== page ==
Elsie at the World's Fair by Martha Finley
Everybody was ready for an early start the next morning and Harold and Herbert were waiting for them in the Peristyle. Some time was spent there and in the Court of Honor, then in the Midway Plaisance. Watching the crowds was very amusing--the wild people from Dahomey wearing American flags around their dusky thighs, the Turks, the Arabs, and men, women, and children of many other nations all in their peculiar costumes, so different from the dress of our own people.
Then the hundred thousand flags, very many of our own with their stripes and stars, and those of perhaps every other nation that has one to display--were flung to the breeze, while bands from Cincinnati and Iowa, from Vienna, Suabia, and Arabia had all got together and were playing Yankee Doodle.
There were besides many curious bands of Oriental musicians--some of them making great but futile efforts to play our national airs--producing sounds that were by no means delightsome to the American ear; not half so pleasing as the sight of the multi-colored flags decorating the huts and castles of foreign architecture.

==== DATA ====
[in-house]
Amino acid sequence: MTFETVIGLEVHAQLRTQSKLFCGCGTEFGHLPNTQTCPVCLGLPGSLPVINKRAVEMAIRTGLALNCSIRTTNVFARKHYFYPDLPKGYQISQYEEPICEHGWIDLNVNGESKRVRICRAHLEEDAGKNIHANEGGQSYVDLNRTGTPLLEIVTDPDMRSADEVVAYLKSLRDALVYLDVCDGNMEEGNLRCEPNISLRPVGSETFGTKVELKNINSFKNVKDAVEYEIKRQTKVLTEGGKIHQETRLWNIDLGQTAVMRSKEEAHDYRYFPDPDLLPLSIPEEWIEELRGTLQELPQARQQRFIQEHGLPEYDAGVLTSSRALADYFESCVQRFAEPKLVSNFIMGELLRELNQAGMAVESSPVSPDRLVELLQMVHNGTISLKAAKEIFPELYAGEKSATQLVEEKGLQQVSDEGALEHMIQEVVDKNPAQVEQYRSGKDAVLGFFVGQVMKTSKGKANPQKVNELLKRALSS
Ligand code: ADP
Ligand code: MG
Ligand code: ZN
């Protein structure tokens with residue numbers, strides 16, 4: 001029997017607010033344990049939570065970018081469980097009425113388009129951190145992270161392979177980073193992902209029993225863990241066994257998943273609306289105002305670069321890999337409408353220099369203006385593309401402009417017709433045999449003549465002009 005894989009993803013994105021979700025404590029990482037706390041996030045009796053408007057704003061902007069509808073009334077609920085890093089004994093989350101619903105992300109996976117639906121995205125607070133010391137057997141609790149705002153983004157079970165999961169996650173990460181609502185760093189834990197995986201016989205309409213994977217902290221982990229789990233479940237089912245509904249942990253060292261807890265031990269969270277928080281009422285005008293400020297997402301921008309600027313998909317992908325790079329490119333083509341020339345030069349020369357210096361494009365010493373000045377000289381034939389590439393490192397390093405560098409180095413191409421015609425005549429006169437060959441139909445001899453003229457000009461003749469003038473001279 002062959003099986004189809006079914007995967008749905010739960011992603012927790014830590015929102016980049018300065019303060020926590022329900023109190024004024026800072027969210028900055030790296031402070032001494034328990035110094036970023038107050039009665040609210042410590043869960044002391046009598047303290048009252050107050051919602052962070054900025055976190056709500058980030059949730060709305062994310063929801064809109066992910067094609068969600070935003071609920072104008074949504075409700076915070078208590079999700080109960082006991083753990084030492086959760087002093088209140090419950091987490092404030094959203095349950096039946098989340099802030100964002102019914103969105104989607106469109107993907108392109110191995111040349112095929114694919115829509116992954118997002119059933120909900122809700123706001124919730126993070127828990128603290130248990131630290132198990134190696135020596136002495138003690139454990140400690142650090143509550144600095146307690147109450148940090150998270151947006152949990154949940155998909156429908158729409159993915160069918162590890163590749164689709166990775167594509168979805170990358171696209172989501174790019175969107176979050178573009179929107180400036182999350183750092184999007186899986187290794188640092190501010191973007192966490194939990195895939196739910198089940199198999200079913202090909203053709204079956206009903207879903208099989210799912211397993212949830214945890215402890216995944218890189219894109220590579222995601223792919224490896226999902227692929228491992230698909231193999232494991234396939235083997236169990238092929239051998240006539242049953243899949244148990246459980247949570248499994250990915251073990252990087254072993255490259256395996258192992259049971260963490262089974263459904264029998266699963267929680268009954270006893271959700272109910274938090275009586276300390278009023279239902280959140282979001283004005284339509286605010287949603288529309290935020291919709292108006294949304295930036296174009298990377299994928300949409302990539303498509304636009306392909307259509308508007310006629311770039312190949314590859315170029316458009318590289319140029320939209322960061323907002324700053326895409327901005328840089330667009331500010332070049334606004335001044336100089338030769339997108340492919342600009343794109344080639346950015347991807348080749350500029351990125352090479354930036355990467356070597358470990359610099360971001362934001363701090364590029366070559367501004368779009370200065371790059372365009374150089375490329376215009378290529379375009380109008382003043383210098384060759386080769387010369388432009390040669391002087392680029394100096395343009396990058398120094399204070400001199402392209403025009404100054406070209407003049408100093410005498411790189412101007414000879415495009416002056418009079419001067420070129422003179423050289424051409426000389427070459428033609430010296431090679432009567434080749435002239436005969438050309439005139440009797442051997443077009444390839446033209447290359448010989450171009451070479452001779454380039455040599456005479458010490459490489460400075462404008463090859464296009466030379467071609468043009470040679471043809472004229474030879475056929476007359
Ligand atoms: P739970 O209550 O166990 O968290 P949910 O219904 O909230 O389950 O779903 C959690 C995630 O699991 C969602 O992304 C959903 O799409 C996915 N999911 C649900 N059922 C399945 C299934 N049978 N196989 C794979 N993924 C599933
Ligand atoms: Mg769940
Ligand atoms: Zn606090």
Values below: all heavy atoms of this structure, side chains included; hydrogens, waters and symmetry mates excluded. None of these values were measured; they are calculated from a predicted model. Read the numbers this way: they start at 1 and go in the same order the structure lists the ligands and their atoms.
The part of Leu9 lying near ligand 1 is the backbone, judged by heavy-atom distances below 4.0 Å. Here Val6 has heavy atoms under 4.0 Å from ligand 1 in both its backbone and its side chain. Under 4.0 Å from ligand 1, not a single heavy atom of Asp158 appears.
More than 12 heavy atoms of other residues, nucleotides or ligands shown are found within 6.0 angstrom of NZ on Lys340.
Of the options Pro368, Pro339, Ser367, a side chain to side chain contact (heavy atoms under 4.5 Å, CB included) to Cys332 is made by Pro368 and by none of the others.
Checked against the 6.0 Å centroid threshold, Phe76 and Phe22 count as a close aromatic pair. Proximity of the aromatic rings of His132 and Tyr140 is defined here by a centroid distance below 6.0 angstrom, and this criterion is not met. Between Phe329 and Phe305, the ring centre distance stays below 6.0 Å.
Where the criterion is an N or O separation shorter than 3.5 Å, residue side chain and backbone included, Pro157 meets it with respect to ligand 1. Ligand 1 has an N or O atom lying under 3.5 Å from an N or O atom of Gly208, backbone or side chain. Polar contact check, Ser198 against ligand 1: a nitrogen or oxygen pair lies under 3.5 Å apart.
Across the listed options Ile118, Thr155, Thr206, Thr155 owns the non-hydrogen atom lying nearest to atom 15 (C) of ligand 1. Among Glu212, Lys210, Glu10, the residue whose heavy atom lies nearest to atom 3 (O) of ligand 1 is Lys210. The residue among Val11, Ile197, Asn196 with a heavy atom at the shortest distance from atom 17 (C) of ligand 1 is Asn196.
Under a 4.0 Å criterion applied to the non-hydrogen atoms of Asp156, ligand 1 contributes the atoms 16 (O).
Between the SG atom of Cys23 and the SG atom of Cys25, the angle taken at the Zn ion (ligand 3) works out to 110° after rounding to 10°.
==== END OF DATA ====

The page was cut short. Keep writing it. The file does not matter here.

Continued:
It turned out to be a day of pleasant surprises. As they neared the end of the Plaisance they came suddenly and unexpectedly upon Chester and Frank Dinsmore and Will Croley, the old college mate of Harold and Herbert, whom none of them had seen since the summer spent together on the New England coast several years before.
All were delighted; cordial greetings on both sides were exchanged, and scarcely were these over when in a lady passing by Grandma Elsie recognized, with a little cry of joyous surprise, her old time friend and cousin, Annis Keith.
"Annis! oh, how glad I am to see you!" she exclaimed.
"Elsie! my dear, dearest cousin!" cried Annis in return, as they grasped each other's hands and looked with ardent affection each into the other's eyes. "Oh, how delightful to have come upon you so quickly! I was wondering if I could ever find you in all this crowd, and to have fairly stumbled upon you almost the first thing after leaving the cars is most fortunate."
"Yes; for us as well as you, Annis," Mr. Dinsmore said with a smile, offering his hand as he spoke. "Are you just from Pleasant Plains?"